The Human Animal Bond Research Initiative (HABRI) and the Pet Care Trust announced today they had awarded a combined $130,000 grant to American Humane, for a study titled, Pets in the Classroom (PIC): What are the Social, Behavioral, and Academic Effects of Classroom Pets for Children, 8-10 years? It is hypothesized that students with a classroom pet will experience increased social skills, improved academic competence and decreased competing problem behaviors compared to students who do not have a classroom pet. “Animals are common in today’s elementary school classrooms, and we are learning more and more about their positive impact on child well-being and development,” said principal investigator Dr. Amy McCullough, American Humane National Director of Research and Therapy. “This study will provide meaningful insight on the broad impact of child and animal relationships and help prepare schools and teachers with the responsibilities necessary to support the humane and effective incorporation of pets in classrooms and curricula.” The first phase of the PIC Study concluded in May 2015 and was supported by The Pet Care Trust, which operates the popular Pets in the Classroom grant program. The first phase consisted of surveying and interviewing teachers on their perspectives regarding the main benefits, challenges and uses of their classroom pets, which ranged from fish to guinea pigs, hamsters, bearded dragons, and others. This second phase of the study will examine approximately 650 students and parents, as well as 46 teachers from 23 U.S. third and fourth grade classrooms over the course of a nine-month school year. Students, teachers, and parents will complete questionnaires at three times throughout the study period to measure the social, behavioral, and academic effects of classroom pets and human-animal relationships on children. “The Pet Care Trust established the Pets in the Classroom educational grant program to provide children with an opportunity...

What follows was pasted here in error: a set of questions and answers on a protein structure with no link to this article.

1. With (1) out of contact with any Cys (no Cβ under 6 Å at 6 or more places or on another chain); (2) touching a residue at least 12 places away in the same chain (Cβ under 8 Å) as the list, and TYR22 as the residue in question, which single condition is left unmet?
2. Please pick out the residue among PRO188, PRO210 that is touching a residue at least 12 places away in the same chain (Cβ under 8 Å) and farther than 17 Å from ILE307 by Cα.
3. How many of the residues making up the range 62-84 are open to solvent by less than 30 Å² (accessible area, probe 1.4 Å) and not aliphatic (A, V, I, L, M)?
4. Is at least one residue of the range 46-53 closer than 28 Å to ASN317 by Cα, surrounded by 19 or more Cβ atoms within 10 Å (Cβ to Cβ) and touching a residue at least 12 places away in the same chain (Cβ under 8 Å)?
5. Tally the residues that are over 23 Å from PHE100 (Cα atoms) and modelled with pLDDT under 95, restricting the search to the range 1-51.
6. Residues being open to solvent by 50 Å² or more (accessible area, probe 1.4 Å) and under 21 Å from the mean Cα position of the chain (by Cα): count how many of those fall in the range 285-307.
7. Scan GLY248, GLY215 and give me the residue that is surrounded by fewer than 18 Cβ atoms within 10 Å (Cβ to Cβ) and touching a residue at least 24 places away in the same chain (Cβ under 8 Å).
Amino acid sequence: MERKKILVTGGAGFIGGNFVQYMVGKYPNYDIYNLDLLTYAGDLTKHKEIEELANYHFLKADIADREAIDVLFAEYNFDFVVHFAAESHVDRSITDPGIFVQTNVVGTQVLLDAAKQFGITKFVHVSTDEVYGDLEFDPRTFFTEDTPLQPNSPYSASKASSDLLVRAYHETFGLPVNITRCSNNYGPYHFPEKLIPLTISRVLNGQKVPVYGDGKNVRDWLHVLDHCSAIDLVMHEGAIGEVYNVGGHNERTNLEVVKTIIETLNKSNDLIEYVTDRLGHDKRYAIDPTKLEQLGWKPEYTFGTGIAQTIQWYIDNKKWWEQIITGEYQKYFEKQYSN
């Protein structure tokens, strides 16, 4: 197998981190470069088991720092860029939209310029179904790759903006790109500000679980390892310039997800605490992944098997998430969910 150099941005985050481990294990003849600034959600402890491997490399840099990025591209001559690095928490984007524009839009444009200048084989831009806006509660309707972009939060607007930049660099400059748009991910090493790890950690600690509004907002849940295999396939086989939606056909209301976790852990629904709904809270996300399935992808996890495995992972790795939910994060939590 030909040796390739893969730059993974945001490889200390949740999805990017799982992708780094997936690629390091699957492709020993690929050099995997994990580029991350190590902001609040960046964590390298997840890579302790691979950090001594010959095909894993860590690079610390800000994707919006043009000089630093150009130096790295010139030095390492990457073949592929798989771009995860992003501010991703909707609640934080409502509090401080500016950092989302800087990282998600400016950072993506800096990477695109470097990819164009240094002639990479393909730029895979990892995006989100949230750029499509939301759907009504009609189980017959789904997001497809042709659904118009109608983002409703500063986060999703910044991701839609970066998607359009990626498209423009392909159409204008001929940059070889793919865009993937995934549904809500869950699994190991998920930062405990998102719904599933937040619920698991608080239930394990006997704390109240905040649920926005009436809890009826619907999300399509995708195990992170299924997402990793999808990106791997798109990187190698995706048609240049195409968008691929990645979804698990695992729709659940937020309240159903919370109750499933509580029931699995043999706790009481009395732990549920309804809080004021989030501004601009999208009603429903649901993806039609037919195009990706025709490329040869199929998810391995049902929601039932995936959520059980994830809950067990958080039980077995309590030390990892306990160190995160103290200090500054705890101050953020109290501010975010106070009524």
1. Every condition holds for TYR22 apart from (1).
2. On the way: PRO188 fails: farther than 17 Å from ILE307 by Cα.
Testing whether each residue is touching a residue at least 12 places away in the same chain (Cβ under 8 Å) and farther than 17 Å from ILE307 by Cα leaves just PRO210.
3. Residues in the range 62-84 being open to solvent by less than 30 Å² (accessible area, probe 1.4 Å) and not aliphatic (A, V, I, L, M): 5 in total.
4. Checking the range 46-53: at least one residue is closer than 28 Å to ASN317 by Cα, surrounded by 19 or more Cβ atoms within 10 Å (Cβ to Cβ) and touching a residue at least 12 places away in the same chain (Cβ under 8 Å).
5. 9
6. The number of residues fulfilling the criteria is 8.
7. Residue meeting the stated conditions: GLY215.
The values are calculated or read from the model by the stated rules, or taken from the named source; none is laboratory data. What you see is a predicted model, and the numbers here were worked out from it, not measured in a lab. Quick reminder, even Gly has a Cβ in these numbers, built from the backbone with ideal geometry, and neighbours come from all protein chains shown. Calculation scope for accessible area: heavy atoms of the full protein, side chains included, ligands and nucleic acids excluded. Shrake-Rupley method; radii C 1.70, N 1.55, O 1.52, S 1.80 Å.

ANNOUNCING THE HUMAN ANIMAL BOND INNOVATION AWARD WINNERS
The Human Animal Bond Research Institute (HABRI) today announced the winners of the inaugural Human Animal Bond Innovation Awards, which recognize companies and organizations with innovative products and programs designed to advance the human-animal bond and create a more pet-friendly society. “As the Presenting Sponsor for the Human Animal Bond Innovation Awards, PetSmart Charities is proud to celebrate organizations that have gone above and beyond to strengthen the connection between people and pets,” said Aimee Gilbreath, President of PetSmart Charities. “This year’s honorees support the deep integration of pets into people’s lives, and their efforts will make a difference for many pets — and those who love and care for them.” Nominations were selected by an expert committee of pet care community leaders assembled by HABRI. Winners were honored at a special awards ceremony held in conjunction with the annual SuperZoo show in Las Vegas. The 2022 Human Animal Bond Innovation Award winners are: Product & Service Category: Health Alliance Medical Plans Health Alliance Medical Plans offers health insurance plans across multiple states in the Midwest region of the United States. As of January 2022, Health Alliance Medical Plans became the first human insurance company to provide fully-paid access to 24-hour veterinary telehealth for 30,000 Medicare Advantage plan members in three regional offerings. “It’s a fact that pets play a tremendous role in human well-being,” said Heidi Sirota, President and Chief Pet Officer of Nationwide’s pet insurance division. “As a proud sponsor of HABRI’s Innovation Awards, Nationwide applauds Health Alliance Medical Plans for advancing the human-animal bond by making critical health resources available to pet families.” Workplace Culture Category: American Heart Association The American Heart Association’s Best Friend Fridays campaign is part of the Association’s Healthy Bond for LifeTM initiative to raise...